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Many southwestern forests in the United States will disappear or be heavily altered by 2050, according to a series of joint Los Alamos National Laboratory-University of New Mexico studies.
In a new video produced by Los Alamos, Nathan McDowell, a Los Alamos plant physiologist, and William Pockman, a UNM biology professor, explain that their research, and more from scientists around the world, is forecasting that by 2100 most conifer forests should be heavily disturbed, if not gone, as air temperatures rise in combination with drought.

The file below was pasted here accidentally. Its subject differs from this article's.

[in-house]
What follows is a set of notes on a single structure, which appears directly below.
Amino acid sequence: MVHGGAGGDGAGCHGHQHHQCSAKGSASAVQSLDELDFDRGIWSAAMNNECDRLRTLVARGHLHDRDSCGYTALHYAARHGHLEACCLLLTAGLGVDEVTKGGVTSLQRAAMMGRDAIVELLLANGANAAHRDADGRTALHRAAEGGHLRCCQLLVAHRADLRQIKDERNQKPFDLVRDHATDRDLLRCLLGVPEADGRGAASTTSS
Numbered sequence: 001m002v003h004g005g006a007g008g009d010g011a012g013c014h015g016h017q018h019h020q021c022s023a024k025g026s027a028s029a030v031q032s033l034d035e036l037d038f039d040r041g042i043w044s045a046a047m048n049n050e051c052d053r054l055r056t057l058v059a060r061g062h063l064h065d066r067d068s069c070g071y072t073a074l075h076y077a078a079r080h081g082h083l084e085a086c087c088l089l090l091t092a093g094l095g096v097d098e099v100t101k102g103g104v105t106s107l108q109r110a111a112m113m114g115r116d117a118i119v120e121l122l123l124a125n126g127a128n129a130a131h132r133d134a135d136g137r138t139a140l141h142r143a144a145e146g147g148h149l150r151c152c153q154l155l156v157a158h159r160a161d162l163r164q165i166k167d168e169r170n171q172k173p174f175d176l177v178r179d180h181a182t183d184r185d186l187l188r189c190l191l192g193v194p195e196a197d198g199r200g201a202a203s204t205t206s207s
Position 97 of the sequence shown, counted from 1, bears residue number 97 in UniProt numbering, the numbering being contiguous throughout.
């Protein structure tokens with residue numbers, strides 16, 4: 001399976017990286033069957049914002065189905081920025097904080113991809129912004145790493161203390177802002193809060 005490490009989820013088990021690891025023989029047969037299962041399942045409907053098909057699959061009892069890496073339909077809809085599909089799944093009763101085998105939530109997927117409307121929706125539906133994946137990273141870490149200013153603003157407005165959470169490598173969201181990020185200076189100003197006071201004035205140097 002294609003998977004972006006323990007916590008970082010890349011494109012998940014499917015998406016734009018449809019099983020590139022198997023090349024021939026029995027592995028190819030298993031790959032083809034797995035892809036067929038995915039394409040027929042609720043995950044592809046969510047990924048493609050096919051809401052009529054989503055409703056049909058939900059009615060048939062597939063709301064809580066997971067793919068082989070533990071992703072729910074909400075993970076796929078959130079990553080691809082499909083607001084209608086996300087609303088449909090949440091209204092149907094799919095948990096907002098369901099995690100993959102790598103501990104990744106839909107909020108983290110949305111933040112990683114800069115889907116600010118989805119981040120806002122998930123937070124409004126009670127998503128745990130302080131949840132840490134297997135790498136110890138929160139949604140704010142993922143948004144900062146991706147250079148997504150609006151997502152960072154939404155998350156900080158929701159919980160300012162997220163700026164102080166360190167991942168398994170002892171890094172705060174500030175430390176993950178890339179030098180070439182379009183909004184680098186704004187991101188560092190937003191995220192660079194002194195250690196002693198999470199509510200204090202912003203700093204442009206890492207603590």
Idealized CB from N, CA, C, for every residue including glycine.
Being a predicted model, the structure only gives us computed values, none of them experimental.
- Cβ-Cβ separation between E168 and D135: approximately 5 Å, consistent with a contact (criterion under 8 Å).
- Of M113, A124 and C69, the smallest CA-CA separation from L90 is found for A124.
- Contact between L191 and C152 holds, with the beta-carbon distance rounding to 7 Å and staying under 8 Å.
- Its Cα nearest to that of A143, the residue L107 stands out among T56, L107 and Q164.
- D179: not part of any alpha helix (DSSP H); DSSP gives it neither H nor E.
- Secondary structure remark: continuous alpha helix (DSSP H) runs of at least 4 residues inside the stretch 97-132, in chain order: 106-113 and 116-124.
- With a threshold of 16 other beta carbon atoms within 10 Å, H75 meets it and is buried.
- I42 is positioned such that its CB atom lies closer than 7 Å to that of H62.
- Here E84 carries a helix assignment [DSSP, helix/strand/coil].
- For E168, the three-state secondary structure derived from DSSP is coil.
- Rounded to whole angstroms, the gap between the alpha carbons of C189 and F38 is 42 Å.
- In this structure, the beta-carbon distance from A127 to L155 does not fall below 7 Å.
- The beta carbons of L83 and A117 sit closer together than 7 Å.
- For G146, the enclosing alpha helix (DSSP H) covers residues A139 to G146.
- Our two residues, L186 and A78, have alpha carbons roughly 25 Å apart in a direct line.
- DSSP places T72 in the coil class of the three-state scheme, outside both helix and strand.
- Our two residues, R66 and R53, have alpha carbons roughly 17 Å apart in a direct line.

“Everybody knows trees die when there’s a drought, if there’s bark beetles or fire, yet nobody in the world can predict it with much accuracy.” McDowell said.
“What’s really changed is that the temperature is going up,” thus the researchers are imposing artificial drought conditions on segments of wild forest in the Southwest and pushing forests to their limit to discover the exact processes of mortality and survival.
Wild forest analysis more effective than greenhouses
The study is centered on drought experiments in woodlands at both Los Alamos and the Sevilleta National Wildlife Refuge in central New Mexico.
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